Time to protect the badger

 

Sir, – The badger is a jewel in the crown of Ireland’s wildlife heritage, a shy nocturnal creature with its distinctive white and black striped head and short sturdy legs. It enhances our natural environment and most rural dwellers haven’t a bad word to say about it. Badger-baiting, where dogs are pitted against the animal for “sport”, is illegal, and anyone with knowledge of the activity can contact the Garda Síochána.

Unfortunately, “respectable” people also threaten the welfare and conservation status of the badger. Since 1984 an estimated 120,000 badgers have been snared and killed by the Department of Agriculture as part of the discredited bovine TB eradication scheme.

Thousands of wire snares are laid across Ireland each night, quietly and discreetly, and many of these are just as quietly and discreetly removed by landowners, including farmers, who object to their presence on private property.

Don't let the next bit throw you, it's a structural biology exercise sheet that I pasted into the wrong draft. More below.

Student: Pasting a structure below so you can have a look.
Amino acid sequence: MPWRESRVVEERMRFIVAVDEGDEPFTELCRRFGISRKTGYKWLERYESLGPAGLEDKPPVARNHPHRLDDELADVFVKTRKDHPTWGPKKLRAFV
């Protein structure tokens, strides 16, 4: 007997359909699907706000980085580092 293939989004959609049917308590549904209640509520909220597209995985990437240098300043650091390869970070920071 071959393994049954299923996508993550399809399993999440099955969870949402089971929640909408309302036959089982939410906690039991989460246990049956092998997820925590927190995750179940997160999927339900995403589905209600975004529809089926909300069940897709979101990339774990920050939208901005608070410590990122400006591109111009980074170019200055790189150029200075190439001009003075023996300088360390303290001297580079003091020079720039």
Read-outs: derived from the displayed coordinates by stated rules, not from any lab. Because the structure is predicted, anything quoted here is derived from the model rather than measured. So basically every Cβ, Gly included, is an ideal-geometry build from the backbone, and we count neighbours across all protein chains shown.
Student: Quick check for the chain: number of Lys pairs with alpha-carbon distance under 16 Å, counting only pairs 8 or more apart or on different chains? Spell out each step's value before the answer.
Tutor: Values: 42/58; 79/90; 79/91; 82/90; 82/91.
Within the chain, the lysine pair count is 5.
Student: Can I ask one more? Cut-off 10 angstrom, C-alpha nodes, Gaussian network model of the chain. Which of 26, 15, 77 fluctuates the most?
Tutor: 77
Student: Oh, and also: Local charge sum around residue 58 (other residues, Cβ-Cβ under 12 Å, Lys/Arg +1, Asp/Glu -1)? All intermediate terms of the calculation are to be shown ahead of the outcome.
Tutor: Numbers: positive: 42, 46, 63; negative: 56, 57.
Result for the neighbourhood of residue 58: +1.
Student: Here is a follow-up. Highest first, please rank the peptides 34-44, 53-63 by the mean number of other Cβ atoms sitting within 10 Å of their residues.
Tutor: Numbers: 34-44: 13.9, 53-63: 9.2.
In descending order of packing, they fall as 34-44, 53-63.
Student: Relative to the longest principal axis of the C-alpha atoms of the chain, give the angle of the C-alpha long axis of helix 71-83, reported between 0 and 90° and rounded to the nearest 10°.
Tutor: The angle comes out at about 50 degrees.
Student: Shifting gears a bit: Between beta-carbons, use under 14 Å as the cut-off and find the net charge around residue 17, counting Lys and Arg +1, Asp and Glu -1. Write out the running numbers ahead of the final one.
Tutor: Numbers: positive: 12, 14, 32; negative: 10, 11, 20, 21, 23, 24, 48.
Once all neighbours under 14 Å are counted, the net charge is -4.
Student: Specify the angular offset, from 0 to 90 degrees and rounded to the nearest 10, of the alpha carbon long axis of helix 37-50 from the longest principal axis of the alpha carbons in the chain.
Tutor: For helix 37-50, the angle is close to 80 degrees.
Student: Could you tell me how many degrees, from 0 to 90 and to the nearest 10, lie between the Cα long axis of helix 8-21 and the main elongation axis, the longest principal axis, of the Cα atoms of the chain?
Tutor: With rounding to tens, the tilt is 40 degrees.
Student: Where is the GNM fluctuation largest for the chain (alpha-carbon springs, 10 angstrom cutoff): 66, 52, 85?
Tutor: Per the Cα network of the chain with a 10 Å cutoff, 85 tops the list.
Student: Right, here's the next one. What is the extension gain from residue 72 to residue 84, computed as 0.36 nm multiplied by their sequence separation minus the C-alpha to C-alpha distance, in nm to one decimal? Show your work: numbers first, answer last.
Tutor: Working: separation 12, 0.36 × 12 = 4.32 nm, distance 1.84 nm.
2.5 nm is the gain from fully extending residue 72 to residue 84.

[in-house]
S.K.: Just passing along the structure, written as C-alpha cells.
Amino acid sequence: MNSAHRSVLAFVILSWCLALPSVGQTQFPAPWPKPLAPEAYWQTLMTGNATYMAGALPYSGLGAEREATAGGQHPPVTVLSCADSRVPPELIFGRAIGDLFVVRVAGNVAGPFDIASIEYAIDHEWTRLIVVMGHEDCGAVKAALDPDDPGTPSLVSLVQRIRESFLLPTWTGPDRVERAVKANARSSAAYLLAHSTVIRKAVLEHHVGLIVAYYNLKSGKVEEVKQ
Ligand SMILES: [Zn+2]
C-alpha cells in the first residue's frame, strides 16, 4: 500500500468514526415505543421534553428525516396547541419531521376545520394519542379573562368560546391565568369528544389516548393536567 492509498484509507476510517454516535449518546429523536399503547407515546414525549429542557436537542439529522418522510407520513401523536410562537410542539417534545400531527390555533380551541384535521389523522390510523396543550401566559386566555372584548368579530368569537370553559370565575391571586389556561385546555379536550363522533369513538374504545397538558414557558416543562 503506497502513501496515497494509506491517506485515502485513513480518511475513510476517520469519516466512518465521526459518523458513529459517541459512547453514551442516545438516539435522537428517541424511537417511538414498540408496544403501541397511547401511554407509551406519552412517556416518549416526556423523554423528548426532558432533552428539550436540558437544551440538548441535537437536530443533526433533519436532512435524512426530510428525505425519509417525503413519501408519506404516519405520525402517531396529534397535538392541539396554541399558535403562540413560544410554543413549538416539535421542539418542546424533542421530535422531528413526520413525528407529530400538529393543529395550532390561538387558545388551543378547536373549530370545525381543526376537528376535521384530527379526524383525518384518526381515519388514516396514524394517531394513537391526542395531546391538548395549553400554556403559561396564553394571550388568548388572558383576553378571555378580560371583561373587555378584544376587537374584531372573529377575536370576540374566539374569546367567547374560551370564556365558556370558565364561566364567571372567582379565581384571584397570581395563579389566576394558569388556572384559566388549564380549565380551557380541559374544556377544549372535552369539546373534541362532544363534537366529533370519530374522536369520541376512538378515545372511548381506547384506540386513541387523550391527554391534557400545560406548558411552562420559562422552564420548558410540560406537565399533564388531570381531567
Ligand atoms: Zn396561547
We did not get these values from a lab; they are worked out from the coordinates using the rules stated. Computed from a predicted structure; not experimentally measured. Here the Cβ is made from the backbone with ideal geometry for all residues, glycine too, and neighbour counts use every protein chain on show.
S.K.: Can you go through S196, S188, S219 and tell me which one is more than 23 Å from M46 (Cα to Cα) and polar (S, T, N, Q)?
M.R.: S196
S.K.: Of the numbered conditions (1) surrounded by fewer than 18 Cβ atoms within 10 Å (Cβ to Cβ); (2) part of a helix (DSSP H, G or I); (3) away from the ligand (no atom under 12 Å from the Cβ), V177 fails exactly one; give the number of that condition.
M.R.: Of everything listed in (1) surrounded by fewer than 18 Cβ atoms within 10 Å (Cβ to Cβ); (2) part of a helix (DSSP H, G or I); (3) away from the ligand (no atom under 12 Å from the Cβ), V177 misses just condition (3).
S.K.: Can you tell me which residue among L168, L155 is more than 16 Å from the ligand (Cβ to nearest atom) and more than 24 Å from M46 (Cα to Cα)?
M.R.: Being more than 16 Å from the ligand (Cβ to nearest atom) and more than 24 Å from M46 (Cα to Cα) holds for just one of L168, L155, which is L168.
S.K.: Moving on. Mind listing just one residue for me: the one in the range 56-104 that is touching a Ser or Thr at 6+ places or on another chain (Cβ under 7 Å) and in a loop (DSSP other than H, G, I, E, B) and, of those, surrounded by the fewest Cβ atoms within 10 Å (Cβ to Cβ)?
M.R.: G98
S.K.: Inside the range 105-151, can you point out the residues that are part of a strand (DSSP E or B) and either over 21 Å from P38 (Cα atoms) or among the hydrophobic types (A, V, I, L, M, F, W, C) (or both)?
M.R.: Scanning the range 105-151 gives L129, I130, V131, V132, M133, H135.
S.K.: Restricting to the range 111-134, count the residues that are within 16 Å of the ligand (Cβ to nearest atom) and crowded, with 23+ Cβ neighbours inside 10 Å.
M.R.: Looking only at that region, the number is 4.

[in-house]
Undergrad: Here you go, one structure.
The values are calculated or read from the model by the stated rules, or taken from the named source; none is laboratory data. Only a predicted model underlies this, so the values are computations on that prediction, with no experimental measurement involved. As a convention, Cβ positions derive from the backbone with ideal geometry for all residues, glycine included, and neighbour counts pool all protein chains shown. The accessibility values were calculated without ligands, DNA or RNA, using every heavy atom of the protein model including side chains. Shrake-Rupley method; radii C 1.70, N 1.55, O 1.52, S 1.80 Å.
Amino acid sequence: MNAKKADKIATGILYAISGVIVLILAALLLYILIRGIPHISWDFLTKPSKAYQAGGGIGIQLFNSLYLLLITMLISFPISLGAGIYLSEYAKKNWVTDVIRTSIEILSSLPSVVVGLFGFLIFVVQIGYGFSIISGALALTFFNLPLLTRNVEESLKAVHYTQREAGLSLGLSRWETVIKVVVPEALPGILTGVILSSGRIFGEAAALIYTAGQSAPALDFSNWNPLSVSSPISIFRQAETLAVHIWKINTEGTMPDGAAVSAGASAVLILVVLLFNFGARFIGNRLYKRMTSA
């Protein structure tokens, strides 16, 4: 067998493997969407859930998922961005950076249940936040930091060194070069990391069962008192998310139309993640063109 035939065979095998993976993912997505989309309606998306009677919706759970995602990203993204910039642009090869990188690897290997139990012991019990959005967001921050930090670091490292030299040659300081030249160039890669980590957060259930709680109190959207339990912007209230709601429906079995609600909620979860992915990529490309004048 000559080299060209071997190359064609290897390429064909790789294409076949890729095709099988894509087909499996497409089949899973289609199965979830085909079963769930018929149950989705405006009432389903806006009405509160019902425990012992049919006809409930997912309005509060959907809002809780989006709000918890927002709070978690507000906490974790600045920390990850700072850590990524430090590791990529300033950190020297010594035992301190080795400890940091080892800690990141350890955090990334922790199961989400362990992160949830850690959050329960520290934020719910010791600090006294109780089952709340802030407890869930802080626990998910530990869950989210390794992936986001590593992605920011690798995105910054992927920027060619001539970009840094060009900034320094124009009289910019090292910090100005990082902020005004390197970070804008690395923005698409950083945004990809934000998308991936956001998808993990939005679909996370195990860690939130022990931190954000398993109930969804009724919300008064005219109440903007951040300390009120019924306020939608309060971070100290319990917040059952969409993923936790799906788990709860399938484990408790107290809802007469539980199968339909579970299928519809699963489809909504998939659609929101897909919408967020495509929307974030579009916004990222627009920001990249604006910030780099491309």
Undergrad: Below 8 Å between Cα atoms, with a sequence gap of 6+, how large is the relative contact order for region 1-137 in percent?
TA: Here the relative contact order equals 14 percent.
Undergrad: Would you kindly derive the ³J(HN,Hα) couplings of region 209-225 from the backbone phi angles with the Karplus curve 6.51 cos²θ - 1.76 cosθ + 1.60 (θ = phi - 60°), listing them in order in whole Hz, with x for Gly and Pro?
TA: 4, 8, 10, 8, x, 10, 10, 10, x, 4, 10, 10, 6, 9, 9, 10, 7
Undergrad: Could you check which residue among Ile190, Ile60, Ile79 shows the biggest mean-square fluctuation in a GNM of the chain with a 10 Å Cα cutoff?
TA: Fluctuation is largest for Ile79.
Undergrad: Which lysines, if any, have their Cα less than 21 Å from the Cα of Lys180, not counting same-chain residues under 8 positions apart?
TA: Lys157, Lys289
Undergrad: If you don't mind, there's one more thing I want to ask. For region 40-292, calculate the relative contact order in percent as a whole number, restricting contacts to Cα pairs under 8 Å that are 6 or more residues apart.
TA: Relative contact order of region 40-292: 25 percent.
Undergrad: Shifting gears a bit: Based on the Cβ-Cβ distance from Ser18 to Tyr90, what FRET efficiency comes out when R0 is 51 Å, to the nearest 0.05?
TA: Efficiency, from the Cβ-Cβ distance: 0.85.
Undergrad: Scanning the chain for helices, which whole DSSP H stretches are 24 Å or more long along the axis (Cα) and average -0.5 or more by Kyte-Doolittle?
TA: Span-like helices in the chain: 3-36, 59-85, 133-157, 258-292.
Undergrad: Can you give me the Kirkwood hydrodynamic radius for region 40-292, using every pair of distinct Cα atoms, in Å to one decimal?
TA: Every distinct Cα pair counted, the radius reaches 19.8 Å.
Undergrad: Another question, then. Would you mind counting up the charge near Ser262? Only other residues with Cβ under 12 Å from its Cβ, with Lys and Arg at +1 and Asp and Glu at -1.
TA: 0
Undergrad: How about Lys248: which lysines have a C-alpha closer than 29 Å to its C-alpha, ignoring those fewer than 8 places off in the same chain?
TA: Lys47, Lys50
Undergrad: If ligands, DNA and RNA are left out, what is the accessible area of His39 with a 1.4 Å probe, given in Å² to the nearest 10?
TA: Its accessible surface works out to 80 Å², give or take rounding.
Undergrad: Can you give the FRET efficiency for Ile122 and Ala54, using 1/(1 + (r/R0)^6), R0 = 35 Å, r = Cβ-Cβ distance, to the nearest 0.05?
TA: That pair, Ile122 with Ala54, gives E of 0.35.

The method of capture is far from humane: the snare holds a badger until someone arrives a few hours later to shoot the animal. Many snared badgers strangle to death in their vain attempt to free themselves. When nursing female badgers are strangled or shot, their cubs are left to starve underground.

In addition to being cruel, this practice has been shown by recent findings to be ineffective in the war against bovine TB. Over 95,000 people have already signed an online petition calling on the Minister for Agriculture to end badger snaring.

The maligned and persecuted badger deserves complete protection under Irish law, not this barbaric slaughter masquerading as science. – Yours, etc,

JOHN FITZGERALD,

Callan, Co Kilkenny.